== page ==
The nuclear industry is dealing with criticism over spills of a chemical called tritium. The GLRC’s Shawn Allee reports:
The nuclear industry is dealing with criticism over spills of a chemical
called tritium. The GLRC’s Shawn Allee reports:
Federal regulators don’t require nuclear power plants to report what’s
considered minor tritium spills to the public. That’s despite the fact
tritium can make water radioactive, but some residents in Arizona,
Illinois and New York are furious. They’ve learned about tritium
spills… sometimes years later. Now, power plants want to change
The Nuclear Energy Institute’s Ralph Andersen says the industry will
report even minor tritium leaks to the public.
“It’s appreciating the common sense issue that of course, neighbors
around a nuclear power plant want to be aware of emissions from the
plant, not just hear about it later or read about it in the paper.”
Federal regulators insist the public’s safe. Nuclear watchdog groups
remain worried, though. The agreement covers only nuclear plant
operators, not places that store tritium outside power stations.
A group that promotes green energy says the electricity crisis across North America is going to get worse. And the group says refurbishing old nuclear plants is not the answer. The Great Lakes Radio Consortium’s Dan Karpenchuk reports:
A group that promotes green energy says the electricity crisis across
North America is
going to get worse. And the group says refurbishing old nuclear plants
is not the answer.
The Great Lakes Radio Consortium’s Dan Karpenchuk reports:
Ralph Torrie is one of the authors of a new report by the environmental
Campaign for Nuclear Phaseout. He wants to reduce reliance on nuclear
says more than half of the working reactors will need serious repairs
in the next decade.
And new sources of energy will have to be found to bridge the gap until
the repairs are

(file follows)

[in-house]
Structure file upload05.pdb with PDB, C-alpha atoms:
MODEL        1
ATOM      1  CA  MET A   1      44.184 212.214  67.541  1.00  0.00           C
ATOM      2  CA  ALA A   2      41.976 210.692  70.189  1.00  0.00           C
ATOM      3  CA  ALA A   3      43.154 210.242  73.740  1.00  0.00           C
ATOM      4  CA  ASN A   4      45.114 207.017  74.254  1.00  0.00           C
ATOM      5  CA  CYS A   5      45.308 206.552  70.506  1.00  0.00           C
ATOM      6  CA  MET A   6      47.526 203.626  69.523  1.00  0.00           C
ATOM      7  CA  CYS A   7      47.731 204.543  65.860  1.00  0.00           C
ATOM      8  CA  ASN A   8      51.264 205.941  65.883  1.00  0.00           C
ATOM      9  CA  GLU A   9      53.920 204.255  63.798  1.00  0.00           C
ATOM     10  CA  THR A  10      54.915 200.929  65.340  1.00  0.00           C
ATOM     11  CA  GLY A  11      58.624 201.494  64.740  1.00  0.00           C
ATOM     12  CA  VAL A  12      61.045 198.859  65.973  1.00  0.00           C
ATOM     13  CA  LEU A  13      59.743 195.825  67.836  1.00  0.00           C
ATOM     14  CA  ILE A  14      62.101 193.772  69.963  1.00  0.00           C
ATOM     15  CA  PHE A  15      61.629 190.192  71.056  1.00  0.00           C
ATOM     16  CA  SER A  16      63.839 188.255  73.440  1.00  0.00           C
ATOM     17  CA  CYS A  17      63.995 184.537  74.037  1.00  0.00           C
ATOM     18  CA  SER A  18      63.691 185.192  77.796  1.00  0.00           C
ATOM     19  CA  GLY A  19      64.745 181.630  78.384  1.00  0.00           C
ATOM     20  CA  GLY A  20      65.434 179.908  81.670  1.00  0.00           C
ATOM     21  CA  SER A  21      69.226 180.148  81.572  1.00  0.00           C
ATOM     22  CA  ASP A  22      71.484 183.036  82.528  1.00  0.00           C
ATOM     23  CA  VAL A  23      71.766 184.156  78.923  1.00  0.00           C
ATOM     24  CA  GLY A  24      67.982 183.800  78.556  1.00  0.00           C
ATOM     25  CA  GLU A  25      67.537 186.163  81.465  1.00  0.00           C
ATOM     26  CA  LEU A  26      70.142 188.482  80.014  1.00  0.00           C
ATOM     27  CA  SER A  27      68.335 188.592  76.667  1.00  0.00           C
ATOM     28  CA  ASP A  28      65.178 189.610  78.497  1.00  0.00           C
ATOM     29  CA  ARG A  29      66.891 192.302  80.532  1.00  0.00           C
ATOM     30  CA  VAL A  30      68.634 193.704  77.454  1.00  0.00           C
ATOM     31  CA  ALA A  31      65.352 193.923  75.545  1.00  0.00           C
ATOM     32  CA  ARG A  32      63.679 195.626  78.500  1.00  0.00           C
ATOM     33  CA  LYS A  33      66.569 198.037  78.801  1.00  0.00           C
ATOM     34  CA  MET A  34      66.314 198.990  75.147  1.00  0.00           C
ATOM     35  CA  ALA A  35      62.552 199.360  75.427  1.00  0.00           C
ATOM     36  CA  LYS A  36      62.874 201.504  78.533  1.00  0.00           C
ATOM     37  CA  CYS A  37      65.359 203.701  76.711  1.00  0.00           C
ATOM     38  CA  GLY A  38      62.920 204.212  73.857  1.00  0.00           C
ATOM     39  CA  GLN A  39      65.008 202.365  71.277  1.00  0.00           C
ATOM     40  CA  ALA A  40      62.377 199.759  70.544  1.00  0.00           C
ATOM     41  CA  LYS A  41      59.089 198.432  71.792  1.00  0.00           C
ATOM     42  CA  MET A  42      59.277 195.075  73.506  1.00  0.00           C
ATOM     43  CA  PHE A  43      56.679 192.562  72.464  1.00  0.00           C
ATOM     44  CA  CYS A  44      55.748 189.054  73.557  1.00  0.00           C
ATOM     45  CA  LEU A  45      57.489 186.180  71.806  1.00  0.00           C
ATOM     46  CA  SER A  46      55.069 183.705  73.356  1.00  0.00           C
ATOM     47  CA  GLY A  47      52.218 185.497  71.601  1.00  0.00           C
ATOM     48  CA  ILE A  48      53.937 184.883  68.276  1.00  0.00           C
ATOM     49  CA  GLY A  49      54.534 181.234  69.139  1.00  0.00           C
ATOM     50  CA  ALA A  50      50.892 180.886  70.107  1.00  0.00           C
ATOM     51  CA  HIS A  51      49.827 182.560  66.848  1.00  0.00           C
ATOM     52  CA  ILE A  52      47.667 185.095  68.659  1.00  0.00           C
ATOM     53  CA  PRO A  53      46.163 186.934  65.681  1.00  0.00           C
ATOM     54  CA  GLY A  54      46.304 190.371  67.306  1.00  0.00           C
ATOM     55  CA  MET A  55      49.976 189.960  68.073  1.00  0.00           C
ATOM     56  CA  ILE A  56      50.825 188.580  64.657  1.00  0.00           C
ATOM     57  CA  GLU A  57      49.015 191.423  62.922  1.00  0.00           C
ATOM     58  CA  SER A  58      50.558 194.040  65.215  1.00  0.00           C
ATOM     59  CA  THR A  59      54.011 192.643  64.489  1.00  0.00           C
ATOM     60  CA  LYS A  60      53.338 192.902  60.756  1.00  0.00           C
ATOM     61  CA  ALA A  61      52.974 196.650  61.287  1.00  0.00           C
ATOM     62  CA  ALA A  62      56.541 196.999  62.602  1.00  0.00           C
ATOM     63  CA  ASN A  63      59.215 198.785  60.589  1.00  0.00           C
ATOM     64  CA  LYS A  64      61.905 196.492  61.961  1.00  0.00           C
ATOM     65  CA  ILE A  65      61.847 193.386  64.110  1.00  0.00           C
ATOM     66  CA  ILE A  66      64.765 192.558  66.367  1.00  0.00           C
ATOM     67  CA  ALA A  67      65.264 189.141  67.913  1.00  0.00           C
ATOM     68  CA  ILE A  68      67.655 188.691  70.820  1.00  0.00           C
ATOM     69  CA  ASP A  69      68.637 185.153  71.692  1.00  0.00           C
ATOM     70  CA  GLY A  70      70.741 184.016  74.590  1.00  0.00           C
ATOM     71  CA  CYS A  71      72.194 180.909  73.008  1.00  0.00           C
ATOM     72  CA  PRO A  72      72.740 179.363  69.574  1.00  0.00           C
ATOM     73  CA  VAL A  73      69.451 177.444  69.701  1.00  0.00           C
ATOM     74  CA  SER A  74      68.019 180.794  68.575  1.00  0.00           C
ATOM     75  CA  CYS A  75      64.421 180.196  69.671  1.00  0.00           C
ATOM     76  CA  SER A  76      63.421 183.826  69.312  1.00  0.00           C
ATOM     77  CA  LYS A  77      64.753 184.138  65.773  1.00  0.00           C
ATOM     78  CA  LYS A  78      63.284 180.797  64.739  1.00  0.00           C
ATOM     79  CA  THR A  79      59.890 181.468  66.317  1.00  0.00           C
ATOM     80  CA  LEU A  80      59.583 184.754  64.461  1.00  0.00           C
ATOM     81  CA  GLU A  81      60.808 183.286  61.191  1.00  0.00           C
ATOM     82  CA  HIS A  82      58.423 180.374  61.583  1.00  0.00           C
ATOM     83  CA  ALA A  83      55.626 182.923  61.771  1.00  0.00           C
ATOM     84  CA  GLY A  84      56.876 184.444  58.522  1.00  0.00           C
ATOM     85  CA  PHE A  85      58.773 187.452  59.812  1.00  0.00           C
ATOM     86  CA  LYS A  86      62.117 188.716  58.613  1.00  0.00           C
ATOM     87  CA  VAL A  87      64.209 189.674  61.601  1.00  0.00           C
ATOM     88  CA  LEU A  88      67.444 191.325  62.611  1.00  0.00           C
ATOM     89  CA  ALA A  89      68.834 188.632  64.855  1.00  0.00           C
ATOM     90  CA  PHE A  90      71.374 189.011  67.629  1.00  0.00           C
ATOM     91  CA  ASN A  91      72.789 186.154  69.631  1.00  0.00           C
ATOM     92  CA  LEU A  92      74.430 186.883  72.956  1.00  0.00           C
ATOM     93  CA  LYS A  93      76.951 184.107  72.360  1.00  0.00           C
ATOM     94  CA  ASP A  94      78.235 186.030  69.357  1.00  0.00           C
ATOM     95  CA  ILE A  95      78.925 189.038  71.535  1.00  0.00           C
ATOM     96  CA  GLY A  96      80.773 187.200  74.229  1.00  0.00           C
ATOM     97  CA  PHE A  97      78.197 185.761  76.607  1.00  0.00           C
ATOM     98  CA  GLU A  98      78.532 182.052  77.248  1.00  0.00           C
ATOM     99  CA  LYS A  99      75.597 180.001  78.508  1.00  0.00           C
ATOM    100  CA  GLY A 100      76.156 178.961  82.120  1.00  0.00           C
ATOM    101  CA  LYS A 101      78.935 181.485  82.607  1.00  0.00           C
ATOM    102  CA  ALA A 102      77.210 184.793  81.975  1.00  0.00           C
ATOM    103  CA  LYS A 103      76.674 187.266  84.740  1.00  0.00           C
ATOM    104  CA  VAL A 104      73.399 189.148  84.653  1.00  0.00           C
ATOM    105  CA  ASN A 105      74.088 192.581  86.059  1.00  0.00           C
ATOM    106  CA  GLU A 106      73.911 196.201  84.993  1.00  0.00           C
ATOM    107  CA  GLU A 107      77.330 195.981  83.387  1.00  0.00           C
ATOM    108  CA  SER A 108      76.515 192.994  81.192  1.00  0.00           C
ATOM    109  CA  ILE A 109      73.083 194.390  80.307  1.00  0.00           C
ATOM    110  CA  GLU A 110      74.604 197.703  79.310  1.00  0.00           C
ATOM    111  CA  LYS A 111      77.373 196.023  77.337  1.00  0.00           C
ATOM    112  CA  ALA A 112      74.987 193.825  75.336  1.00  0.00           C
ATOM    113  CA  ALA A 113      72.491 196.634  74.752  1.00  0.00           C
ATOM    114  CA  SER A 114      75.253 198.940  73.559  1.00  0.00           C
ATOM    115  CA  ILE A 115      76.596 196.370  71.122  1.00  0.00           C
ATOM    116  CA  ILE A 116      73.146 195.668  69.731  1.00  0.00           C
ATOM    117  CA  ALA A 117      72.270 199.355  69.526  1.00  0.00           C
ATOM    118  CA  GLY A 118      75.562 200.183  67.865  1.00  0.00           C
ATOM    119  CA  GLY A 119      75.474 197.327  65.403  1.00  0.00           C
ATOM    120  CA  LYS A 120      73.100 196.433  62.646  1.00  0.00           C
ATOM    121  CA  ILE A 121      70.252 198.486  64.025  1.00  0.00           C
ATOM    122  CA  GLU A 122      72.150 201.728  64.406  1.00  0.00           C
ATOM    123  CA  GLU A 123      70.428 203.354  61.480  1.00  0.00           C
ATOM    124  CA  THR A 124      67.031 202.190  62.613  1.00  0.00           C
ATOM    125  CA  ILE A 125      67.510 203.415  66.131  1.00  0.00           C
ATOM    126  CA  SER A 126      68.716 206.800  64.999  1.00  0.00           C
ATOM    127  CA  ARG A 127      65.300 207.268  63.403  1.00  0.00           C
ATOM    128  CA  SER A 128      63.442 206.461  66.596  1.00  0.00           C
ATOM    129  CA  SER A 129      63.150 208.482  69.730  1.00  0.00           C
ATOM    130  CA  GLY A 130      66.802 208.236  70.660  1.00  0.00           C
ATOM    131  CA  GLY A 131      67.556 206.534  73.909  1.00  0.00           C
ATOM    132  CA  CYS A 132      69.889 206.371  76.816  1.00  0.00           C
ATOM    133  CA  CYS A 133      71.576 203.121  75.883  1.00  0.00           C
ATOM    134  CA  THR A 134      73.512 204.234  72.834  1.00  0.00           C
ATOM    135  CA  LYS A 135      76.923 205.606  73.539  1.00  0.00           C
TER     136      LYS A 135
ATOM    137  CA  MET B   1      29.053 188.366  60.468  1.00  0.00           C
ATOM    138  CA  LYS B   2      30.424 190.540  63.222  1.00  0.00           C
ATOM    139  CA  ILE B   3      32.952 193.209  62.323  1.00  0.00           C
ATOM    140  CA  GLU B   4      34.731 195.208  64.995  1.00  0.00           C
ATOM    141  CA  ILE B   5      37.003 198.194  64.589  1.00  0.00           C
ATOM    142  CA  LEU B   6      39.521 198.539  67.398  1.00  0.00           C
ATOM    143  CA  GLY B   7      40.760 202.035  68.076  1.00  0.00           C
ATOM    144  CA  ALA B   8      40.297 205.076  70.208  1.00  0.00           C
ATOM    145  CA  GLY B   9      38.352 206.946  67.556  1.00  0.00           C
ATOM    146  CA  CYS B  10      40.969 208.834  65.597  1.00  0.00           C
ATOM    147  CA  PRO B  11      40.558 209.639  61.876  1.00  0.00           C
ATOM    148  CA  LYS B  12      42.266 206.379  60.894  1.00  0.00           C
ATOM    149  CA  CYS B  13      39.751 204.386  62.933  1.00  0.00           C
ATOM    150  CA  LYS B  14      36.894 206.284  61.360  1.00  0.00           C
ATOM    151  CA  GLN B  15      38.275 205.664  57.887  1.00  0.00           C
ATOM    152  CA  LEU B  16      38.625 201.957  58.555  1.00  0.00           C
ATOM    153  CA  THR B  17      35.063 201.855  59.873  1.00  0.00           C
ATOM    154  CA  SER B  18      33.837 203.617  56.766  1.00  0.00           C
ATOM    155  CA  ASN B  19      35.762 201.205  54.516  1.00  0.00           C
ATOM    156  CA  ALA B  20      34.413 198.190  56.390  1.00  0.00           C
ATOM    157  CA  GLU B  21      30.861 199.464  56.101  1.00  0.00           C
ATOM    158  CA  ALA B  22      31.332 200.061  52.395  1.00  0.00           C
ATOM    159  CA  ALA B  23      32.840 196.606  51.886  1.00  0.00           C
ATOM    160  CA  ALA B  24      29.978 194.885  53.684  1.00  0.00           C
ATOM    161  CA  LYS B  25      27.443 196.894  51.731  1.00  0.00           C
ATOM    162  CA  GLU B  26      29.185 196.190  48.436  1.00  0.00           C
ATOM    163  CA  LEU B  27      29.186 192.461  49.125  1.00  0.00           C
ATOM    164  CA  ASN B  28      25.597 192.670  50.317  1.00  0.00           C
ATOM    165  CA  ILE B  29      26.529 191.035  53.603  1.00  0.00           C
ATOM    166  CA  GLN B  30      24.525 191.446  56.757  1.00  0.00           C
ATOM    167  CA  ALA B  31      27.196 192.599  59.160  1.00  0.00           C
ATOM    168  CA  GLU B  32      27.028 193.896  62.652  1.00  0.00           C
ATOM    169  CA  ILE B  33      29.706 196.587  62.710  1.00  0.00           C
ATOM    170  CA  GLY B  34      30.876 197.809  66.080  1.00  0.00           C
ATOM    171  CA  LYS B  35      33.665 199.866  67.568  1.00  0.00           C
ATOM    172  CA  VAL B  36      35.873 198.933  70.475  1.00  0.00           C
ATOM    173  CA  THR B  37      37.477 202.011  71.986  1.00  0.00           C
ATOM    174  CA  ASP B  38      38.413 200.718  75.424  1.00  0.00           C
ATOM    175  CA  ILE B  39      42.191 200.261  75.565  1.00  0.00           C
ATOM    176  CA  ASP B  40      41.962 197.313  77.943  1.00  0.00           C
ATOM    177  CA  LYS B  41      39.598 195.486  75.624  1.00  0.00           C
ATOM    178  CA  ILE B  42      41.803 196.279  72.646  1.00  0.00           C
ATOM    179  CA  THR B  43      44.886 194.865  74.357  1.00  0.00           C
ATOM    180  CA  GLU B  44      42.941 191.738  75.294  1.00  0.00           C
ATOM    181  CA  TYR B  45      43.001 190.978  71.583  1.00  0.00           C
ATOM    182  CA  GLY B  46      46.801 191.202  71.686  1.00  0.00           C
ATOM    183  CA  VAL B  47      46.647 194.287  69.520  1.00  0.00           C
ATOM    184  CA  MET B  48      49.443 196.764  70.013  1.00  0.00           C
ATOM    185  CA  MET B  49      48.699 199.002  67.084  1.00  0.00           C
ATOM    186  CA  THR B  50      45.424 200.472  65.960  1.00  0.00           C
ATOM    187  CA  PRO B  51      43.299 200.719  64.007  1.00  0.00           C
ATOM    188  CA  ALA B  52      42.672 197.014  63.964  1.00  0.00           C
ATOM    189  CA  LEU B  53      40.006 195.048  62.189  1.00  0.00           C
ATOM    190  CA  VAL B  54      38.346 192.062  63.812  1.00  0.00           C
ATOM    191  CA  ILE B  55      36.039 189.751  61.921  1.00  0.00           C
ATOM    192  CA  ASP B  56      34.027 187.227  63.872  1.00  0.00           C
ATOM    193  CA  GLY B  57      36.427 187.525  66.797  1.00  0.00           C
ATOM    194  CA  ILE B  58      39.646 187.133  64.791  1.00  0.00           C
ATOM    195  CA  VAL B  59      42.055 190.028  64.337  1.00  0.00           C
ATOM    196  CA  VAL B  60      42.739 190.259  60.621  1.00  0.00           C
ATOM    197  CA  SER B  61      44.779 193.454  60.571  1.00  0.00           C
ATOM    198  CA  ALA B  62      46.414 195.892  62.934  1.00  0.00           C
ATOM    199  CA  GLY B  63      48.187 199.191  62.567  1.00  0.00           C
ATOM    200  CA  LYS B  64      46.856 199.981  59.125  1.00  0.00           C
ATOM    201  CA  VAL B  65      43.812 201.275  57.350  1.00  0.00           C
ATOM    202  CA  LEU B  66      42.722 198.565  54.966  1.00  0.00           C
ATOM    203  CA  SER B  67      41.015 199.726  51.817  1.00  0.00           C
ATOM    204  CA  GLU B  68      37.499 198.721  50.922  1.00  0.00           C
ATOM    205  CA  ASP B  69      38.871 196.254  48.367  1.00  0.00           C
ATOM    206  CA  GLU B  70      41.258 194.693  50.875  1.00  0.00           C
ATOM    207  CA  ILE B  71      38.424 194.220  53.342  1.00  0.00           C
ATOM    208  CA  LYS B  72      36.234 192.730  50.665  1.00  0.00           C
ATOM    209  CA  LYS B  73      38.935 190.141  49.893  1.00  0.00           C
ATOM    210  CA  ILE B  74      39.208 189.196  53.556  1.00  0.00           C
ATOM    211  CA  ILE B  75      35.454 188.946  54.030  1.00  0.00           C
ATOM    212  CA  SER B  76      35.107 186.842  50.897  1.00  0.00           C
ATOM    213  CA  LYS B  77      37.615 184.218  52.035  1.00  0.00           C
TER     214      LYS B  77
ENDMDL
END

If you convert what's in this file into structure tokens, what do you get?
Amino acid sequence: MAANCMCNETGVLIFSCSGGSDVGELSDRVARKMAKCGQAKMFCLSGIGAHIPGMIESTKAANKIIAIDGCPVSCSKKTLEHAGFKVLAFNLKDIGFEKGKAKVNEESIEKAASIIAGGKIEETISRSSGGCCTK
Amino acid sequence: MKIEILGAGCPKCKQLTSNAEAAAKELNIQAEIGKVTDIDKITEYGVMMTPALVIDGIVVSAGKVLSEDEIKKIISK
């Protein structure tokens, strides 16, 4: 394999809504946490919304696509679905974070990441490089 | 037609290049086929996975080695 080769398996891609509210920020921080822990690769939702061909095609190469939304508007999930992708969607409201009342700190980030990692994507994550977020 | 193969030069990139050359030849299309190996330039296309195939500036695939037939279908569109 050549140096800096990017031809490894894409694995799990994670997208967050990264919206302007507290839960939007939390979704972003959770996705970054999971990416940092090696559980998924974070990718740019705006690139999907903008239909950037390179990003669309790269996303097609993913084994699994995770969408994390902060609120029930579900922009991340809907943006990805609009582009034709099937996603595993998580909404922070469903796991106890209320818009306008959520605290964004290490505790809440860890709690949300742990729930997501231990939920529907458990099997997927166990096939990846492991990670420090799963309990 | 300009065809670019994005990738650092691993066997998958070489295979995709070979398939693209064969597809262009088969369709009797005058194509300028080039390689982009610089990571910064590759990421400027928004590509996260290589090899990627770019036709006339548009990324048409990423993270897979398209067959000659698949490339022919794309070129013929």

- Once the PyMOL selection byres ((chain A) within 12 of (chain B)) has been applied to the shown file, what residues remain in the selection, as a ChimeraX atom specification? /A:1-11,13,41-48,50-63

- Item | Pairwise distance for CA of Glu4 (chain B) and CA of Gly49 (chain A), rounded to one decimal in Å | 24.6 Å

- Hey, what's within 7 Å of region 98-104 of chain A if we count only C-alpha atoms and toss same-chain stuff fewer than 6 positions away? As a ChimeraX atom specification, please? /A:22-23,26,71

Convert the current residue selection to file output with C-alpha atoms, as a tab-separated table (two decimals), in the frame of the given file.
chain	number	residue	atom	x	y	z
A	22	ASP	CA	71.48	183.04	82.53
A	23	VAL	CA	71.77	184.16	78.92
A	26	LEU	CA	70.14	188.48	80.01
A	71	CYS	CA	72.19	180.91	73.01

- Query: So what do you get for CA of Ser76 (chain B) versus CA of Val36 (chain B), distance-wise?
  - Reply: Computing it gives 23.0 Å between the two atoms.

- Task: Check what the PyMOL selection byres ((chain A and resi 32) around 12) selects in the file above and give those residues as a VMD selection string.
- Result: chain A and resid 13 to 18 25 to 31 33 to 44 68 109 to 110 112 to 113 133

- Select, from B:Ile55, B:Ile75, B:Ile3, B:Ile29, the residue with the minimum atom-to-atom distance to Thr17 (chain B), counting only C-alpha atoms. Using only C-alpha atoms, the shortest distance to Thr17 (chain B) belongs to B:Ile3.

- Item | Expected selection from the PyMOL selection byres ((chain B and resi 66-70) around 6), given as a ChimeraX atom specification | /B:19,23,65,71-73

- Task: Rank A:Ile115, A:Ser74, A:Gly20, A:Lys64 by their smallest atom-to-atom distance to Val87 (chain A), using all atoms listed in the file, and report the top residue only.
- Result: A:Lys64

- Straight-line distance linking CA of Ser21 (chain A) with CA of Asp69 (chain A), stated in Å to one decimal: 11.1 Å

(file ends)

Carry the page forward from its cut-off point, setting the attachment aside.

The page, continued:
“Premature aging and poor performance of the reactors is making the
problem that we’re
facing much more urgent than if the plants were operating the way they
were supposed to
Torrie says the reconstruction money would be better spent in
developing more efficient
energy programs and finding more renewable sources of energy.
Officials for the nuclear industry say reactors are like cars… and
need to be refurbished to
keep them running smoothly.
For the Great Lakes Radio Consortium, I’m Dan Karpenchuk.
The federal government is offering to buy special anti-cancer pills for people who live near nuclear power plants. There are 24 nuclear power plants in the Great Lakes states… and state officials are now pondering whether to accept the offer. In Ohio, the debate reflects the pro and con arguments across the region. The Great Lakes Radio Consortium’s Bill Cohen has details:
The Great Lakes Basin hosts 44 nuclear reactors, plus a variety of uranium mining and refining facilities and nuclear waste dumps. Their presence has been contentious and divisive, and critics of nuclear power have often been seen as extremists who have polarized the issue. But one remarkable Canadian activist managed to bring both sides of the debate together. Great Lakes Radio Consortium commentator Suzanne Elston says her recent death is a tragedy for all Great Lakes residents:
The U-S recently announced that it’s abandoning plans to export
weapons-grade plutonium to Canada. U-S activists opposed the idea of
shipping the material along American highways. As Great Lakes Radio
Consortium commentator Suzanne Elston observes, in winning the battle
over transport, those activists may have lost the war: